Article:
Minorities are on their way to majority status in the U.S., and demographers say 2010 could be the "tipping point" -- the first year the number of babies born to non-white Americans outnumbers children born to whites.
Minorities made up 48 percent of children born in 2008, the last year census estimates are available, compared to 37 percent in 1990, The Associated Press
reported. This year that number is expected to top 50 percent.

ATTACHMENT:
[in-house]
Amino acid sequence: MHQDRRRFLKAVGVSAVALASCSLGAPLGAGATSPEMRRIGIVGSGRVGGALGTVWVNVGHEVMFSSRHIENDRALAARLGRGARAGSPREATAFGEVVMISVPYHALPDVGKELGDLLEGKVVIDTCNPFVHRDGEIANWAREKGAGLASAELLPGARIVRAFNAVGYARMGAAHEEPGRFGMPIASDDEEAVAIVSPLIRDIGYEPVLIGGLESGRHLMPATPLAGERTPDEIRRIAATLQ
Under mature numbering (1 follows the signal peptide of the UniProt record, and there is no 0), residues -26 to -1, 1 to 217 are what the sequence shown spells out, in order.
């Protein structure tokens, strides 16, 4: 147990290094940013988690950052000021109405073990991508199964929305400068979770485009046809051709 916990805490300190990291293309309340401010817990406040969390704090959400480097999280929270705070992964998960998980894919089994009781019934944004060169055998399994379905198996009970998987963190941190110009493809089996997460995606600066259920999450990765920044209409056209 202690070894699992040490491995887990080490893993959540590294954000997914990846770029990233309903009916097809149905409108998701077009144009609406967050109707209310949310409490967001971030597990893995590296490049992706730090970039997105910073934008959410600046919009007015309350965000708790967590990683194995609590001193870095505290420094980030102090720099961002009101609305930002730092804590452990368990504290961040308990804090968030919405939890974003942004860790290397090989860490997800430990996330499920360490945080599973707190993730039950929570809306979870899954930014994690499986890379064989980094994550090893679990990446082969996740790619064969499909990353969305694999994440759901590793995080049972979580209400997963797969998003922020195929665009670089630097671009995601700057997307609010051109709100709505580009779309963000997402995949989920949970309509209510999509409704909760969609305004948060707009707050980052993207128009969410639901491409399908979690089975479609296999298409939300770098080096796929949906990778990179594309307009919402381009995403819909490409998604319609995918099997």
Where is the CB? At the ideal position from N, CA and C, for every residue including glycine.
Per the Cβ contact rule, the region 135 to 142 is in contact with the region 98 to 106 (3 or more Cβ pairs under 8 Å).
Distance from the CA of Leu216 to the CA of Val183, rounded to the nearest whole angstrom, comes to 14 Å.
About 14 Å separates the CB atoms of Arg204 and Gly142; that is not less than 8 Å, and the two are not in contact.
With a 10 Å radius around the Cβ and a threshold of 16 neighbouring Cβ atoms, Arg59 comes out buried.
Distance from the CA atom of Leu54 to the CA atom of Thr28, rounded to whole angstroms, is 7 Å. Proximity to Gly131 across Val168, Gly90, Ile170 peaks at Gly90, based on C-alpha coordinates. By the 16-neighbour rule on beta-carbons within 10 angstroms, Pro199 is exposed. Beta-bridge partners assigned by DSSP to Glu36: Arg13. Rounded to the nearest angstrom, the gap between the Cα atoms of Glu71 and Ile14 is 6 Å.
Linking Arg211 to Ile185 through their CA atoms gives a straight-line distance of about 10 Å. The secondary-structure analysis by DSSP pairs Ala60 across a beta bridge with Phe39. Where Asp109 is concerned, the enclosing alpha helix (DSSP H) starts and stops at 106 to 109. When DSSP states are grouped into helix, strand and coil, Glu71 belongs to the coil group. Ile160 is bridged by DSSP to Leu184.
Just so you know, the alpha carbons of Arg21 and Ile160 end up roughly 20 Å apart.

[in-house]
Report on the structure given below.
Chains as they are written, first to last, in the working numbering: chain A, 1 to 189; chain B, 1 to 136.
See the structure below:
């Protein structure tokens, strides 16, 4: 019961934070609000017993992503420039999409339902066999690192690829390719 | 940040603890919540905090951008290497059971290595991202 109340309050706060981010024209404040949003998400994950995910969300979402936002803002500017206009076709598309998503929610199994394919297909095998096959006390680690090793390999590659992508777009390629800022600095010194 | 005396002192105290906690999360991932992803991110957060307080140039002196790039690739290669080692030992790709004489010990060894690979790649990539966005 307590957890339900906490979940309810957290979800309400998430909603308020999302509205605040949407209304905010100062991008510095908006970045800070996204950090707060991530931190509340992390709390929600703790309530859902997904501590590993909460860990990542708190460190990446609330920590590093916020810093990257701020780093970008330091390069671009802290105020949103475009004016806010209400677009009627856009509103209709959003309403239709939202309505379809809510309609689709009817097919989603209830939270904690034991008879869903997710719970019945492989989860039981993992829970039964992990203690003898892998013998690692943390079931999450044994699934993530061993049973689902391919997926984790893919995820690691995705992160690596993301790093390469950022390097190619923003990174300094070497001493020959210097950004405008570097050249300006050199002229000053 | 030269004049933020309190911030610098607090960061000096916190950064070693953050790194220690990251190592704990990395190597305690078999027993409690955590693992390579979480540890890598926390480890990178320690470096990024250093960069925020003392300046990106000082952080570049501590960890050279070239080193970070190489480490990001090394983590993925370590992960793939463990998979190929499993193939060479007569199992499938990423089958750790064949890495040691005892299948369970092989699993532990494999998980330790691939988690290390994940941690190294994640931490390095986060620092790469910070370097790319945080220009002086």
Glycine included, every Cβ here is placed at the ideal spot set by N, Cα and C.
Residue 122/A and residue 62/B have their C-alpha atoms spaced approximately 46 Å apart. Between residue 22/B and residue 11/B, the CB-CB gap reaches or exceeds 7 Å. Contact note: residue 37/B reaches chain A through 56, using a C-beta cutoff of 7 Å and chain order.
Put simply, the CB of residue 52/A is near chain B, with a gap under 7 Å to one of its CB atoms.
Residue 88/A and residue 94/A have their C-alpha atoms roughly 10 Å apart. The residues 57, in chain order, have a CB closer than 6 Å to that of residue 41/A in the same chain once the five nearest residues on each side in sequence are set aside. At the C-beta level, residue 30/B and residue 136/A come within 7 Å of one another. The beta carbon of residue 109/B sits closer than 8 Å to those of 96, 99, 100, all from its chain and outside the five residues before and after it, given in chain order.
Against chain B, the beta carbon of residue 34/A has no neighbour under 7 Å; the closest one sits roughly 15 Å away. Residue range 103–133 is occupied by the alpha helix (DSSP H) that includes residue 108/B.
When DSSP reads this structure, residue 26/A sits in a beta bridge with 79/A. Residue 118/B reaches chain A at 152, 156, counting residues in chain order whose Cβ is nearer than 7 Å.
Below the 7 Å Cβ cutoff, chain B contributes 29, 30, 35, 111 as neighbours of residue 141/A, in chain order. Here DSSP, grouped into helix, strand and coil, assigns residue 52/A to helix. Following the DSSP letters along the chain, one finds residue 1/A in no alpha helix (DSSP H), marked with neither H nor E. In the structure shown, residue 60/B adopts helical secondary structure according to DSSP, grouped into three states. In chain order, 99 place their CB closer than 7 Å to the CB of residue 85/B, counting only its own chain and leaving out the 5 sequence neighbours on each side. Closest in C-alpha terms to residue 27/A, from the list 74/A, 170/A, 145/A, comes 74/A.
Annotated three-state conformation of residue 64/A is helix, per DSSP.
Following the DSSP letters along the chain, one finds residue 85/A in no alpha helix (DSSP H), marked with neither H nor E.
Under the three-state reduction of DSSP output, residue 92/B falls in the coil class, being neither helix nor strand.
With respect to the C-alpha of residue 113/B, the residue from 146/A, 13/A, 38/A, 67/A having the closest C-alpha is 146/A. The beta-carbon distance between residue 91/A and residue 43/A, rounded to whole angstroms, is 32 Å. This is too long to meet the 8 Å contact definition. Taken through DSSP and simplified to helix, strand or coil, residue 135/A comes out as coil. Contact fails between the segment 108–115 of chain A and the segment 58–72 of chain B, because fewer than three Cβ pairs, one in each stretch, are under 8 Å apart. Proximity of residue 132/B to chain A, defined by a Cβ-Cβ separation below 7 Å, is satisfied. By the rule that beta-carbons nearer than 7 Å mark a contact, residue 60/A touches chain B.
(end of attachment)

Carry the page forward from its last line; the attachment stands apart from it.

If the trend continues, minorities are expected to become the U.S. majority within 40 years. Whites currently make up two-thirds of the total population.
"Census projections suggest America may become a minority-majority country by the middle of the century. For America's children, the future is now," University of New Hampshire sociologist Kenneth Johnson told the AP.
A major reason for the switch is the fact that a growing number of Hispanic women in their prime childbearing years are immigrating to the U.S.
The numbers will come into greater focus after the conclusion of the 2010 census, which begins next week.